(A poem in progress)
Brindley’s canal follows the contours
through a mix of greys and browns, yards and workshops,
half hidden behind tangled branches,
under a sky the colour of stovepots, the sun well hidden.
A spit of rain across my face has the feel of December
though the calendar tells me that it’s April.
Nothing much moves; the fishing sites along the towpath
are all deserted. Blackthorn blossom on a stretch of scrubby hedge
is discoloured, dirty, the petals past their sell-by.
Those yards and buildings still in use
all look the other way, this canal is no longer relevant.
And many of them are merely derelict, shabby remnants
of the days when industry still meant bashing metal.
A cat stalks across one yard, intent on something I can’t see.
My eye is caught by a flash of yellow - coltsfoots,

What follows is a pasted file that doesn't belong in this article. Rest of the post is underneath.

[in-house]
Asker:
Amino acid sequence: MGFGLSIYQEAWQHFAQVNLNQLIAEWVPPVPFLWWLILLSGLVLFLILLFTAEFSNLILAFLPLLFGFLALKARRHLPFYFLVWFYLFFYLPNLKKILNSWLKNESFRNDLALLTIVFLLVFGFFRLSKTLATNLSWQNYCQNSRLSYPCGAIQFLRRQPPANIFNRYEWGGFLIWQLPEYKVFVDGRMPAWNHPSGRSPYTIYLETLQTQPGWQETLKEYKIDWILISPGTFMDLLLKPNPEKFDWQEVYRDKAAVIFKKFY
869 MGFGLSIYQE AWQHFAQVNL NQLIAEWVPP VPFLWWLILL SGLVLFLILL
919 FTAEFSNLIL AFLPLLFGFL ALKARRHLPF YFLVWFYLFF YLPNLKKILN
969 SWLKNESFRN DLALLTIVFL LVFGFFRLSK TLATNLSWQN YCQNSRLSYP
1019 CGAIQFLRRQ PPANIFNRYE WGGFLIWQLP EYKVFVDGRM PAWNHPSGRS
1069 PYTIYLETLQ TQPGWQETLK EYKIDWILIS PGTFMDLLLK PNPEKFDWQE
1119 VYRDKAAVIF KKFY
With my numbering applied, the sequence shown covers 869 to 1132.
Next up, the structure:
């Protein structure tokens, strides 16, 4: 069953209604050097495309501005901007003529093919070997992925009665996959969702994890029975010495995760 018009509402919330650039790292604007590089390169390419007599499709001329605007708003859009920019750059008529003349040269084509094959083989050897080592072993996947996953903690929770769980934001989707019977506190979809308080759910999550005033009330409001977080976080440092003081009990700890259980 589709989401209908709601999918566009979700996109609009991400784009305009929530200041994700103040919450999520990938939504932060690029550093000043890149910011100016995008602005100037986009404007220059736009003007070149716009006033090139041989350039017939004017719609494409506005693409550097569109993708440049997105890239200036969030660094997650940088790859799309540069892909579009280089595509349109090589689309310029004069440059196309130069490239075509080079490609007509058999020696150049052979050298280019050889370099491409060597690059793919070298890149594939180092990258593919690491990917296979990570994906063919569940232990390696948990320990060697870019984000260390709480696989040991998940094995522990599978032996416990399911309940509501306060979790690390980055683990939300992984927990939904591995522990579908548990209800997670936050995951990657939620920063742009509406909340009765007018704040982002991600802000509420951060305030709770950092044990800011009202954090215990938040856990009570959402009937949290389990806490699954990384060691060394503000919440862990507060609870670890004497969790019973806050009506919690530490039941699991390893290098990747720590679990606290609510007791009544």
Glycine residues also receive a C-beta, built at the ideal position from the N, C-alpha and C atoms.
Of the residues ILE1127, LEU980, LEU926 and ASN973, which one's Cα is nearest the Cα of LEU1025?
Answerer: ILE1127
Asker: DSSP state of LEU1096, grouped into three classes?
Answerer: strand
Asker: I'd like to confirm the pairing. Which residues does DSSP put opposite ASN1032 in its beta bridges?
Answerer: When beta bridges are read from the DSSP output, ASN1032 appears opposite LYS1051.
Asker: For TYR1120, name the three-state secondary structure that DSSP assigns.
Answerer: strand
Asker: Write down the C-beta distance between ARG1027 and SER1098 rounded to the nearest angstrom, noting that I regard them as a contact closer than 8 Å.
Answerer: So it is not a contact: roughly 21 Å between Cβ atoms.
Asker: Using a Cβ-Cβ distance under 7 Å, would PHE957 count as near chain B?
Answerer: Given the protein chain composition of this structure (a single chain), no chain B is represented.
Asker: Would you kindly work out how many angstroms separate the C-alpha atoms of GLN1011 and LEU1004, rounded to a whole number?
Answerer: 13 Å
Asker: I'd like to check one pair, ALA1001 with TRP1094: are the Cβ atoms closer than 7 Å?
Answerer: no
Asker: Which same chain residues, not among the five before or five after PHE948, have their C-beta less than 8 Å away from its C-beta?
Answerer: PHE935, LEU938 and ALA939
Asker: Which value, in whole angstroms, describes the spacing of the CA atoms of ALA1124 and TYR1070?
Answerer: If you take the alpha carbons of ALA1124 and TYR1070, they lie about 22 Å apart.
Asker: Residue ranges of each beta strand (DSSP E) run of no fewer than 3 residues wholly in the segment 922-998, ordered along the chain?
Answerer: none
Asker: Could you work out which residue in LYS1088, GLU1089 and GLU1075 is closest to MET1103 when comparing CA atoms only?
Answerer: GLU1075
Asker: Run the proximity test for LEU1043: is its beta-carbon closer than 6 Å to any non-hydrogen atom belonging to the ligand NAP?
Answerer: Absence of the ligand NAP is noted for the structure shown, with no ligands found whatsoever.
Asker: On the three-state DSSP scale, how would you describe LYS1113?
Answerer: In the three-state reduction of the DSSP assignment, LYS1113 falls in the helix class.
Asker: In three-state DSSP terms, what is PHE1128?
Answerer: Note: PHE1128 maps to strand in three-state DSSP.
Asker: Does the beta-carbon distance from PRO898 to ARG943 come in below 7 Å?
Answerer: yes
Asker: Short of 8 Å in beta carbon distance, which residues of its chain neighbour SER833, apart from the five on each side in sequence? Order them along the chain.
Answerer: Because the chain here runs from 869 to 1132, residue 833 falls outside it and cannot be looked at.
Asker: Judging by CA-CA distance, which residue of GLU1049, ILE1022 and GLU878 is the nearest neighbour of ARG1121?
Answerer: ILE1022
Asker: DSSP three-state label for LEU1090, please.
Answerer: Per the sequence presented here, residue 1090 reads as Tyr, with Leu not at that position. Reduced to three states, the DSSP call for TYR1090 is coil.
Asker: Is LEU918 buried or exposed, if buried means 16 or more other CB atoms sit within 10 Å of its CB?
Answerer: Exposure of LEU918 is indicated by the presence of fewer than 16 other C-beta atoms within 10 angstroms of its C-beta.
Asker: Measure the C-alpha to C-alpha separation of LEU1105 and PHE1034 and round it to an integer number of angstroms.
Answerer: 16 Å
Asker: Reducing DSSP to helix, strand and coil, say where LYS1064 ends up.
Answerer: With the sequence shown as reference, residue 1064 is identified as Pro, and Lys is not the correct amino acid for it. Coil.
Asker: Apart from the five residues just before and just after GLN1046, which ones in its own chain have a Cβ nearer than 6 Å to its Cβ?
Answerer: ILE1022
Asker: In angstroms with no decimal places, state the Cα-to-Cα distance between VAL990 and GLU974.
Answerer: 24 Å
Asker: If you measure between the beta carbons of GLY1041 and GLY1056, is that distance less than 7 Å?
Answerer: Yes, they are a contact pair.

rushing into flower well ahead of their leaves,
poke their scaly stems up through brick dust,
defiantly insisting that even under these clouds it has to be spring.
Up ahead of me a tangle of metal: pipes and girders
are twisted and turned to create a lattice tower,
seeming almost to touch the clouds; at their base
the bright green of the new growth of nettles.
Whatever this thing was, it no longer functions:
the adjoining buildings are roofless. But then, out of nowhere
it seems, a lifting, rolling, tumbling life force
in a russet red to defy the dark and grime of this day:
a kite, display flying for the sheer hell of it.
Or so it seems to me; the length of each wing amazes,
the fork of the tail, the way the bird tumbles
through the lattice, seems to be just falling, then recovers,
lifts back, sweeps away, banks round, returns.
I for my part cannot move. In the remains of old industry,
a new and dancing endeavour; and, as if in answer,
the clouds shift and in a burst of sunlight
the twisted metal itself catches fire, seems to dance.
Then all is still; but somewhere, a robin sings.